A Visit to Fremont Indian State Park
“I just want to go home.” Kiki said as we drove away from my sister’s house. Link concurred. I sympathized, but Fremont Indian state Park was right on the road back to our house. It seemed a shame not to stop and see the carvings made by humans hundreds or thousands of years ago.
“We’ll only stay a little bit. Besides if we go straight home we’ll get there at the same time as the football game traffic.” Gleek and Patch were excited by the possibility of Native American things. So we stopped.
Court of Ceremonies Trail 1/2 mile the little sign said. We’d already wandered through the exhibit room, climbed on the pit house play structure, and listened to recordings. We decided to wander along the paved path to look at rock carvings up close. It was a good choice, the marks which looked like scrawls and graffiti from a distance resolved into a more deliberate art when we got up close. Curated exhibits are useful and informative, but outside in the sun and air we could think our own thoughts and draw our own conclusions about the things we saw–one of which was this little sign. The name Court of Ceremonies was intriguing enough to draw us off of the paved walkway and up a dirt path. We trekked in search of a place that was special or sacred. As we trekked, we saw that every flat surface reachable by human hands was marked.
I wondered what those long ago people thought as they scraped pictures into the rocks. Were the artists people who sneaked off to draw because of an inner need? Were they ridiculed by their community or revered? Were the markings sacred with ceremonial importance or were they like graffiti–an impermanent human being trying to leave something in the world to say “I was here”? If I’d made us all sit for the 15 minute video, I probably would have had answers to those questions. Instead we only had speculations as we walked.
The trail split and the little sign said nothing about Court of Ceremonies, just informing us that one way was back toward the museum along a Hidden Secrets trail. We’d already climbed out of the canyon. I pictured the court of ceremonies as a place circled by walls with drawings etched into them. The path we were on did not seem likely to take us to such a place. So we turned our feet back toward the museum. We all were still aware of the two hour drive necessary to take us home. None of us wanted to exhaust ourselves with a long hike. Link in particular was glad to be headed back. He ran ahead on the trail until we could see him in the distance waving his arms and jumping. He’d found something. As I drew closer, the kids appeared to be running in circles. They were following the trails of a spiral.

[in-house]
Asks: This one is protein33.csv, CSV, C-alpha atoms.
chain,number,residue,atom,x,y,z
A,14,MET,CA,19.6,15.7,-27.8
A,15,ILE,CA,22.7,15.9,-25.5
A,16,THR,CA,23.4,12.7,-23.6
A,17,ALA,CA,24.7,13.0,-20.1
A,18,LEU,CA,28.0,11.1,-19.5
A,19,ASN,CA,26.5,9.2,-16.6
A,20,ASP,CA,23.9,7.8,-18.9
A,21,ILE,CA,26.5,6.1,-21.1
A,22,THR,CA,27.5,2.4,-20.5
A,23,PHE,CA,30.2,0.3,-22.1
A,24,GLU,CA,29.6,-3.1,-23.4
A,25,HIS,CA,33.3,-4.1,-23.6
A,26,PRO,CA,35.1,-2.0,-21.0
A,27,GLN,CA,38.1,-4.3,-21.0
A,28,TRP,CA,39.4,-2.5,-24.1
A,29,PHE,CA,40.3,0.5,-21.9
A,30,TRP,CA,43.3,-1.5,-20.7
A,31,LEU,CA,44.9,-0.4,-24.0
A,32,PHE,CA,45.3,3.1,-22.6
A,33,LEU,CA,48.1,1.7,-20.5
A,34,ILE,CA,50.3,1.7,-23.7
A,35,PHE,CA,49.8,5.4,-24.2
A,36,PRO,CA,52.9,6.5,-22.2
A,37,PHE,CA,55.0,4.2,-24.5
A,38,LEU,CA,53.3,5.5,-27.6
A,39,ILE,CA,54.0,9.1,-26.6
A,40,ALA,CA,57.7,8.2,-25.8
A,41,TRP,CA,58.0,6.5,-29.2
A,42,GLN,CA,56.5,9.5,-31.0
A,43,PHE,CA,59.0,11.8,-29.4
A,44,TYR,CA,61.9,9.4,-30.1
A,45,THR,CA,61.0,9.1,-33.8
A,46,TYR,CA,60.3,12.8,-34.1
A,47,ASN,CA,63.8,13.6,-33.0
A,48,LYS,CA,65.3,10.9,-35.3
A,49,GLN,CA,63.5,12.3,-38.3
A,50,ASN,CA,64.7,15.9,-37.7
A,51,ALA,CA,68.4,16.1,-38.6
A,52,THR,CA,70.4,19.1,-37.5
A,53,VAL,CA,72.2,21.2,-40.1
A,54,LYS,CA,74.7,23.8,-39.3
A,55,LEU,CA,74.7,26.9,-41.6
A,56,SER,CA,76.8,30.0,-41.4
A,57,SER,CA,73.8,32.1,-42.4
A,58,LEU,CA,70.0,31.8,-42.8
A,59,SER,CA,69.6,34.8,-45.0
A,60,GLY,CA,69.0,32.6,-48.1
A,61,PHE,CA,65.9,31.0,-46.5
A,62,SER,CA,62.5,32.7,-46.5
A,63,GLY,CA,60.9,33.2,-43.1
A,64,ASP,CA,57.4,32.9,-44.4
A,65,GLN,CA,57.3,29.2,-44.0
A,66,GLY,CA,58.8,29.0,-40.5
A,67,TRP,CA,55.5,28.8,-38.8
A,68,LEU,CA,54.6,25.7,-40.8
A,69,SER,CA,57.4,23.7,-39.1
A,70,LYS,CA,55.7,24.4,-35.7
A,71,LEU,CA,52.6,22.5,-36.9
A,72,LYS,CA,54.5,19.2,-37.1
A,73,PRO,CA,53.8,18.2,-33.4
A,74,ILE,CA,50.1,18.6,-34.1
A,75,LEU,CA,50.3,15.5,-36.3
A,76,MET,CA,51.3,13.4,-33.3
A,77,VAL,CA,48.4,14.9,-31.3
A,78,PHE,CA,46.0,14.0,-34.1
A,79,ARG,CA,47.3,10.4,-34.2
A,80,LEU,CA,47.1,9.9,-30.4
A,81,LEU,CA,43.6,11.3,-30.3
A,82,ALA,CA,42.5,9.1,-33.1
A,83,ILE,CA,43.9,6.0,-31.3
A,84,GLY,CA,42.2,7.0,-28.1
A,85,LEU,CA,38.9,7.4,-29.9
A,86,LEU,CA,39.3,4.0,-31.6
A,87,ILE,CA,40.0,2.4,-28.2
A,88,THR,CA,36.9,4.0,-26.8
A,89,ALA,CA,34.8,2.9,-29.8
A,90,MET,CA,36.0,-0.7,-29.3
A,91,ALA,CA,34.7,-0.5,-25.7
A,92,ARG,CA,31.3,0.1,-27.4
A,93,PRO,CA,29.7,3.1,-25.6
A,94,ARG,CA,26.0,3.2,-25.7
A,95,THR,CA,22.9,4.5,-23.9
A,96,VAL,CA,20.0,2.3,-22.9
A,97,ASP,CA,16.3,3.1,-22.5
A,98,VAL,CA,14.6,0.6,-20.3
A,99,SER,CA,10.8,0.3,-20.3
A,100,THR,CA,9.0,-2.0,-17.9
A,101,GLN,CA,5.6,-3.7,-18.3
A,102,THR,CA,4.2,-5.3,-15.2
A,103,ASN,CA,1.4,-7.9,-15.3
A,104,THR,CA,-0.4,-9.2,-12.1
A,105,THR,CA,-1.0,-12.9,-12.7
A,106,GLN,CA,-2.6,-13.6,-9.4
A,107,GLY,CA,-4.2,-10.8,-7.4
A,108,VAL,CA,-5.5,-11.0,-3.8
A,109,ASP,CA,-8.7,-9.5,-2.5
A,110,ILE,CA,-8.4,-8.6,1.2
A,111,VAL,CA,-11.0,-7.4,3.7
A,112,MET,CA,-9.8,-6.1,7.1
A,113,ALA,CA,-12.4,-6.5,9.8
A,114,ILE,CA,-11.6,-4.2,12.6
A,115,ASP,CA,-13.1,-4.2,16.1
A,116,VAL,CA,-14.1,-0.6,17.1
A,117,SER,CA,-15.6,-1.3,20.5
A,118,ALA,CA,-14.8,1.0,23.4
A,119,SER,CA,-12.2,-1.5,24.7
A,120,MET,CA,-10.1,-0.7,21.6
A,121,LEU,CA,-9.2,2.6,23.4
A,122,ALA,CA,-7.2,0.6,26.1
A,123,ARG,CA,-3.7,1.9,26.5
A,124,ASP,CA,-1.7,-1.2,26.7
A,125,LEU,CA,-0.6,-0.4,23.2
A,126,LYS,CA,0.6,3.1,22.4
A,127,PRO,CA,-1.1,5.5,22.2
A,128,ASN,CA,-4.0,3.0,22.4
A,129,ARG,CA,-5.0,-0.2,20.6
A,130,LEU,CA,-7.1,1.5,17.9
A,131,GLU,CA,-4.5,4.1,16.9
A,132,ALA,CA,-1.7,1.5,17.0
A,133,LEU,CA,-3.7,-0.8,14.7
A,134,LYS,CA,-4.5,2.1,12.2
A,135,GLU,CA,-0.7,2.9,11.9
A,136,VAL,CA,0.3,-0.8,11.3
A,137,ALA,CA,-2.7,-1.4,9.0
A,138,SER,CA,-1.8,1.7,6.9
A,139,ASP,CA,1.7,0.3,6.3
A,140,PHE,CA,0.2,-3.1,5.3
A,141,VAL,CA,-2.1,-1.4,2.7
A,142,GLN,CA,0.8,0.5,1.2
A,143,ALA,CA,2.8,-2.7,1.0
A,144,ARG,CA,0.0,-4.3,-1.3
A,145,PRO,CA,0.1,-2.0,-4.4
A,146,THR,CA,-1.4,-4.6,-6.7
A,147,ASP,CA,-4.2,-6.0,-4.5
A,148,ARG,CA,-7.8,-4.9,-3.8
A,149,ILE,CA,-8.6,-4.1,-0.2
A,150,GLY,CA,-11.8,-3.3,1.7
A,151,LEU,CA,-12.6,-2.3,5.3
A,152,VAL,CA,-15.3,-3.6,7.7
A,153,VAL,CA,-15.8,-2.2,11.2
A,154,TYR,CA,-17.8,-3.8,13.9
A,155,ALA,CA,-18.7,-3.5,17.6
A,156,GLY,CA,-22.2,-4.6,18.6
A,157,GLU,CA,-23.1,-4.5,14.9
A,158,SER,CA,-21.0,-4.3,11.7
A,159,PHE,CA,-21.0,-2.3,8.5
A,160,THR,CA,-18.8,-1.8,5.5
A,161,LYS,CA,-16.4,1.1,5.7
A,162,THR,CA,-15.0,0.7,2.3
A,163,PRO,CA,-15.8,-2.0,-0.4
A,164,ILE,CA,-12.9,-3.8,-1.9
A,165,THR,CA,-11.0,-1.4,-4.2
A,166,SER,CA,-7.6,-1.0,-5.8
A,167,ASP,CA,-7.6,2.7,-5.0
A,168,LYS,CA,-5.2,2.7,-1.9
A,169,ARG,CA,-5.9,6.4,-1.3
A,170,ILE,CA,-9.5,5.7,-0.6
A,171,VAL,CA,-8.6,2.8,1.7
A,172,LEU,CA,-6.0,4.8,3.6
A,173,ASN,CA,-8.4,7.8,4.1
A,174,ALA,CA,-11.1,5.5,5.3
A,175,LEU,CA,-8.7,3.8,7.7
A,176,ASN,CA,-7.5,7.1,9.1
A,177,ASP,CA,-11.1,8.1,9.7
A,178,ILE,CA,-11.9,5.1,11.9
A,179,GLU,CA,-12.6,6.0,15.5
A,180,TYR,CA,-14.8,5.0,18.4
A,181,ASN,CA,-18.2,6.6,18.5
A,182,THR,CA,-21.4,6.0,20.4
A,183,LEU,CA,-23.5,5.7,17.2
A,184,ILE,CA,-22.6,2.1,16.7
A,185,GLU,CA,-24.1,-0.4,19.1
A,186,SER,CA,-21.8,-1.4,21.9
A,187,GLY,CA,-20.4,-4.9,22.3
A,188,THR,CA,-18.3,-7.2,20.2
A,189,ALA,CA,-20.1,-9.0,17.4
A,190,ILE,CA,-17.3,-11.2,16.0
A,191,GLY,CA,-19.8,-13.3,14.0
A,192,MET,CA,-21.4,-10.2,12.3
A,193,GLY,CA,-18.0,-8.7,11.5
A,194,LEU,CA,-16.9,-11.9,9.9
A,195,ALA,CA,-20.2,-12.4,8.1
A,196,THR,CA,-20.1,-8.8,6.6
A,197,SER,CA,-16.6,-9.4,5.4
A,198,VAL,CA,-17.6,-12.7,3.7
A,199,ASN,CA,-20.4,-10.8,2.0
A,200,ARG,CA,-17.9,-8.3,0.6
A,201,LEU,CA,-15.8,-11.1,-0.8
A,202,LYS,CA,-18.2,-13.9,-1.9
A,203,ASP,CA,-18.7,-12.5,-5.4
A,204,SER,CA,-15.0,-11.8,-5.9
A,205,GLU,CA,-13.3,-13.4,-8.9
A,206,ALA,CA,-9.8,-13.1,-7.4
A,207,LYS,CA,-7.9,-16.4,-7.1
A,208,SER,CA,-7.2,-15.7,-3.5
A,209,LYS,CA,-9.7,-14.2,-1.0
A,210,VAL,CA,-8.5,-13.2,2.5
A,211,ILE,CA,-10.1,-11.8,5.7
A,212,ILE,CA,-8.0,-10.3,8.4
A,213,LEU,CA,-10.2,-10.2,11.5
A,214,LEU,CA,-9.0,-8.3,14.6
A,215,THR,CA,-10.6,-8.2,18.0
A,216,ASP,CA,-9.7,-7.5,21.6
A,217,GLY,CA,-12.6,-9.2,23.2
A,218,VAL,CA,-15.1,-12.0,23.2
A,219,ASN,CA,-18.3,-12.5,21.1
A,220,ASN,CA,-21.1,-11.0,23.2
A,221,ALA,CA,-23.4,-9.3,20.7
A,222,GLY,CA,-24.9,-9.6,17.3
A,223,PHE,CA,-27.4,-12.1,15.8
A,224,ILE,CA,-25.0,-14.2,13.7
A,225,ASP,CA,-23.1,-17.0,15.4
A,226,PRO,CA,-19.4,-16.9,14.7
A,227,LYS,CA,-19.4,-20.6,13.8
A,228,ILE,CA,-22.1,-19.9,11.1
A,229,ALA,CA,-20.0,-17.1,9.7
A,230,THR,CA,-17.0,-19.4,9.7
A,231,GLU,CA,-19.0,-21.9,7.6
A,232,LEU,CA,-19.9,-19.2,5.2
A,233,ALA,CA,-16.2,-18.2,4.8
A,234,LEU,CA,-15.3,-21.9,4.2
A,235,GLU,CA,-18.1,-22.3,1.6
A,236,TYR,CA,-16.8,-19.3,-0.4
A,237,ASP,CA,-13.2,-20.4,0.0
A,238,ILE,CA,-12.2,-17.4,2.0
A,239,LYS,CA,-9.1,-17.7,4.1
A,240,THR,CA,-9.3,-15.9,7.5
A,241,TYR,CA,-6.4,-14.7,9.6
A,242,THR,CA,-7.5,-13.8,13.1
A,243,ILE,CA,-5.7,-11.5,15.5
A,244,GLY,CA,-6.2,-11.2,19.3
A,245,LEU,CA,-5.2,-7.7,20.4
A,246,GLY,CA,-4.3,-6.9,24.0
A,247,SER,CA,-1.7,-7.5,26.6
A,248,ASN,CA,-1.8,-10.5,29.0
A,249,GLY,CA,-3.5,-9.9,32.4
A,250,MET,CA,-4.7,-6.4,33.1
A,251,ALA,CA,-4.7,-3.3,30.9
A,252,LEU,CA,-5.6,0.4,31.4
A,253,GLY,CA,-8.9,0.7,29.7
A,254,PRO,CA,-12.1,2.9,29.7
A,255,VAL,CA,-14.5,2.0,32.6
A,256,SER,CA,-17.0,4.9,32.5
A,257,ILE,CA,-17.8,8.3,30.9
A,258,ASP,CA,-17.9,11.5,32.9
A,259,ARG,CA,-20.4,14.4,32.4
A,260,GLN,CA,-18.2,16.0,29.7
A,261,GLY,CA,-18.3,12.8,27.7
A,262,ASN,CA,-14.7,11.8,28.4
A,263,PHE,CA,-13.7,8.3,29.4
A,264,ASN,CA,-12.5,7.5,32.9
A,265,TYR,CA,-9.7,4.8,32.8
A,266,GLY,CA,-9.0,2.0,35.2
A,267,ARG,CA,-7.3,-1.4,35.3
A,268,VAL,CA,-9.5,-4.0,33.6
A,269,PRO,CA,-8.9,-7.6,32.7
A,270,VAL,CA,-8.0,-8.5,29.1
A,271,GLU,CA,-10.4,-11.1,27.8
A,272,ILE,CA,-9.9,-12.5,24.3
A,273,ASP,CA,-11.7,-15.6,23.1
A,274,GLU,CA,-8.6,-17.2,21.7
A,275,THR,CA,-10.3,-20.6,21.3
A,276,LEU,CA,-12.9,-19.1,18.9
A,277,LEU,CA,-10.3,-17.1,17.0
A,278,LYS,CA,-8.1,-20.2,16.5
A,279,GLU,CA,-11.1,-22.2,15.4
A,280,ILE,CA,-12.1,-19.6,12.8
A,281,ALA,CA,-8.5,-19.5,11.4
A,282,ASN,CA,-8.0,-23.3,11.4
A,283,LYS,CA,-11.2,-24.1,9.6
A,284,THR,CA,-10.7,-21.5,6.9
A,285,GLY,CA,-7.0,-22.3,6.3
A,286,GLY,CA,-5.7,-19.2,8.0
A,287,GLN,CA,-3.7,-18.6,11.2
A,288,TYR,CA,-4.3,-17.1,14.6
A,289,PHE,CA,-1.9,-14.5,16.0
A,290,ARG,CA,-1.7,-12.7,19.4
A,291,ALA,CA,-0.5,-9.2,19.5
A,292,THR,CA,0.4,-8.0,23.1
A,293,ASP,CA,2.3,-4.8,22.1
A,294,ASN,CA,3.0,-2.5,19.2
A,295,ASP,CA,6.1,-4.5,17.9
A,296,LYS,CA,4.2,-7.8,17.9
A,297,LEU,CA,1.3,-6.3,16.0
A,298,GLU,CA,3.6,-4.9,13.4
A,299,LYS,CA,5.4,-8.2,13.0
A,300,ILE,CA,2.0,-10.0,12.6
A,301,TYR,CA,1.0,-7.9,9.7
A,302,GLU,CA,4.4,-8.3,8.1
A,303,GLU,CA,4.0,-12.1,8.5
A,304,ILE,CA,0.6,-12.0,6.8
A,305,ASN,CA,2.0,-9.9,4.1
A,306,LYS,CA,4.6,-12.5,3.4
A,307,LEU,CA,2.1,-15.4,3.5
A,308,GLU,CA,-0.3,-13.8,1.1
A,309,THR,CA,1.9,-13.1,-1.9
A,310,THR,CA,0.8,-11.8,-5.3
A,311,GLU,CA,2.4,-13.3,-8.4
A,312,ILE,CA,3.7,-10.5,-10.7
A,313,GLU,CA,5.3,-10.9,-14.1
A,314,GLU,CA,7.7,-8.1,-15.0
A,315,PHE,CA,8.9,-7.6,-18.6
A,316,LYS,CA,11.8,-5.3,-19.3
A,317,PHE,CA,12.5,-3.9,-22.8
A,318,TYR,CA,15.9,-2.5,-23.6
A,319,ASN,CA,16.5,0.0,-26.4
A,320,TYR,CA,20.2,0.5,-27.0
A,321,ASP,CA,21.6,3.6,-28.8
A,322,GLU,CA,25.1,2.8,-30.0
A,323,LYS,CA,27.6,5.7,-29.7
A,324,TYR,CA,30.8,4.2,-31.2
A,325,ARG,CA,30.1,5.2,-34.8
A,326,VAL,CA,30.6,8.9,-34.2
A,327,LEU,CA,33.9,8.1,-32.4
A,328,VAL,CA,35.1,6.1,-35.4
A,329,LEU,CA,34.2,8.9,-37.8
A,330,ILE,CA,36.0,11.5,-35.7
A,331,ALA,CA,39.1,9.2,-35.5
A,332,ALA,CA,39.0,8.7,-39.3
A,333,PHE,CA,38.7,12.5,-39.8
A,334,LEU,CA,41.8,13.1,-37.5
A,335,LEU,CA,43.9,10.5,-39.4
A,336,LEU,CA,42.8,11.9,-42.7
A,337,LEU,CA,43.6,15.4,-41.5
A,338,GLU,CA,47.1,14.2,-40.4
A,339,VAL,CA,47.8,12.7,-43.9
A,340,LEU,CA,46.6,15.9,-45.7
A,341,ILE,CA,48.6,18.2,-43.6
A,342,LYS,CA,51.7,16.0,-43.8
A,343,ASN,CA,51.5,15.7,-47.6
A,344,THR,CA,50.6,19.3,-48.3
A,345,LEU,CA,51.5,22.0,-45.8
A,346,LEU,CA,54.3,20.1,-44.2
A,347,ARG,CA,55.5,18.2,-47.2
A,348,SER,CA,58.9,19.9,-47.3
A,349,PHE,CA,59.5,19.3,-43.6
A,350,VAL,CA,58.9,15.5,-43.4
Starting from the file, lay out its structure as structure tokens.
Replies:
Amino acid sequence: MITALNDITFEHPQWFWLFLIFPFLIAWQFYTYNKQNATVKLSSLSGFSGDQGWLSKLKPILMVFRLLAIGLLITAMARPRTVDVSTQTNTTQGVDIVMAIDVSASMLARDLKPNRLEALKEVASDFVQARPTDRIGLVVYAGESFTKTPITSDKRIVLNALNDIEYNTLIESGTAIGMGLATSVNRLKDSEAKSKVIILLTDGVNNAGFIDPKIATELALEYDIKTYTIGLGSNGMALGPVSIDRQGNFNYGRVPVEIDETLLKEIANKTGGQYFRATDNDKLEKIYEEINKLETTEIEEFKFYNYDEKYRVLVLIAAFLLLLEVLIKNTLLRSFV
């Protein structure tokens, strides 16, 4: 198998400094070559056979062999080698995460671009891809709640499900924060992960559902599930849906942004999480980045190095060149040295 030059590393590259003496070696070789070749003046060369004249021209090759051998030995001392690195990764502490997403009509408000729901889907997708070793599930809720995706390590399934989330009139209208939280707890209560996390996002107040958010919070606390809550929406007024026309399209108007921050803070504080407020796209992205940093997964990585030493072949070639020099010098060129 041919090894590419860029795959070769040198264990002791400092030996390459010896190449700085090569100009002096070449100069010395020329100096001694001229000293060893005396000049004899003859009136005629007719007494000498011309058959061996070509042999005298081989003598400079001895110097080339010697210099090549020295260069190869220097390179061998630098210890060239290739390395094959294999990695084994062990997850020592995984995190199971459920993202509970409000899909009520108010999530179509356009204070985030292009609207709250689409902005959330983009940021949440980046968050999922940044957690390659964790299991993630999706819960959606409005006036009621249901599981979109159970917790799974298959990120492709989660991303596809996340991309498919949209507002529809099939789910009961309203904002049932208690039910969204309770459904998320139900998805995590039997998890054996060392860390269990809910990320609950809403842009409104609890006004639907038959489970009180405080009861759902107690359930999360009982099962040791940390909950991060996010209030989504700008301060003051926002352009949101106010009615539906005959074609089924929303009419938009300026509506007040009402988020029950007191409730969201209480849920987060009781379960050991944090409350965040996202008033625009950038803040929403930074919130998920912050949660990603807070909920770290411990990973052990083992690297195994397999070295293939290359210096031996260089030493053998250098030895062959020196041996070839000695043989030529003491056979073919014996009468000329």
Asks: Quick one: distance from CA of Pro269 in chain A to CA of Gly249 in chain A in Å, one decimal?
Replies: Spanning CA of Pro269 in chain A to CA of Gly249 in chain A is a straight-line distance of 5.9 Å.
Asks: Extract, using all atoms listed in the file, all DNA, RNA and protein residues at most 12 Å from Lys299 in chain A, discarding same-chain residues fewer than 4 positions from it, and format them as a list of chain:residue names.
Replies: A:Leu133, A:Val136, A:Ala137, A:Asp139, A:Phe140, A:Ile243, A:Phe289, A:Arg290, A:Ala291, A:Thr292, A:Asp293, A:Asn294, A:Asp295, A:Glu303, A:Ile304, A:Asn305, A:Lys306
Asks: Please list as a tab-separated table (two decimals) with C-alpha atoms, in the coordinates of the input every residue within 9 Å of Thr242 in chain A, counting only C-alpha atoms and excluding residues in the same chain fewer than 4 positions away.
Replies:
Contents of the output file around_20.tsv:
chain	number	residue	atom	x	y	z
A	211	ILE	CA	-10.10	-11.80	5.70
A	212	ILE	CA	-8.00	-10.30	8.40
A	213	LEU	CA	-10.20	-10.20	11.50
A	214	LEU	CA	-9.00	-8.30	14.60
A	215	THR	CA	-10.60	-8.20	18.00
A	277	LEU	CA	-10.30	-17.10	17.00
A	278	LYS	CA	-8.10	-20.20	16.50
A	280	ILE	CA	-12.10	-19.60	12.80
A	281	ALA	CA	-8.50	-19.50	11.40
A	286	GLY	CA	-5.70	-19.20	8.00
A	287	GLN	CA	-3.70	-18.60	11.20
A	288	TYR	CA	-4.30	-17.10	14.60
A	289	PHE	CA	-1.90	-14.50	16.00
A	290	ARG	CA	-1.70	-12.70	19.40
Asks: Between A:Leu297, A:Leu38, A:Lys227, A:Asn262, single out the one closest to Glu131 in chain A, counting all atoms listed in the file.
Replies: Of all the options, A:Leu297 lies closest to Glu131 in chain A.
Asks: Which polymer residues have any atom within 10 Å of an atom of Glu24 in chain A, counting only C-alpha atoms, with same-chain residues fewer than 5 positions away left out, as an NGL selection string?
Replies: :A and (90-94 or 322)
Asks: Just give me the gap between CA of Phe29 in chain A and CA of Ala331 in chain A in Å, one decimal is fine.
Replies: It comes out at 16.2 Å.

There was no sign to explain this spiral or its purpose. It was far too exposed to the elements to have existed since the Native American peoples lived there. Possibly it had been restored and maintained by people who came later, such as the museum staff. We all walked the spiral. I photographed the kids in the center. Then they spiraled back out and we continued on our way, having decided to call the place Court of Ceremonies.
Sometimes having interesting questions can be as satisfying as answers.
A trick of cloud cover and daylight made the clump of yellow trees in the valley below us radiant in comparison with the surrounding landscape.
Most of the natural plants more or less ignored the fall weather, but these trees declared it. I only saw them near the man-made highway. In other areas entire hillsides were orange and yellow. It was lovely, even in pouring rain.
The kids were quiet on the drive home. They had thoughts to think and video games to play. I looked at the spare and open countryside as I drove us home. Utah is very different than the forest I visited in Tennessee. I loved the forest, but I love Utah too. There is beauty in desert landscapes where all the plants and animals have to make the most of limited resources rather than fighting over abundance. I remember the little canyon wren we saw on our hike. It jumped along the cliff face and then vanished into crevices of rock. It was perfectly at home in a place that is difficult to turn into a living space.
Back at my house, I’m realizing how much more I could do to make it a lovely place, even when my resources feel limited. The Fremont Indians scraped beauty into rock and dug their homes out of the ground. Surely I can manage to sweep more often in my centrally-heated house. I can take time to decorate and mend. I’ve already turned my house into a place that is good to come home to. I can work to make it even better.
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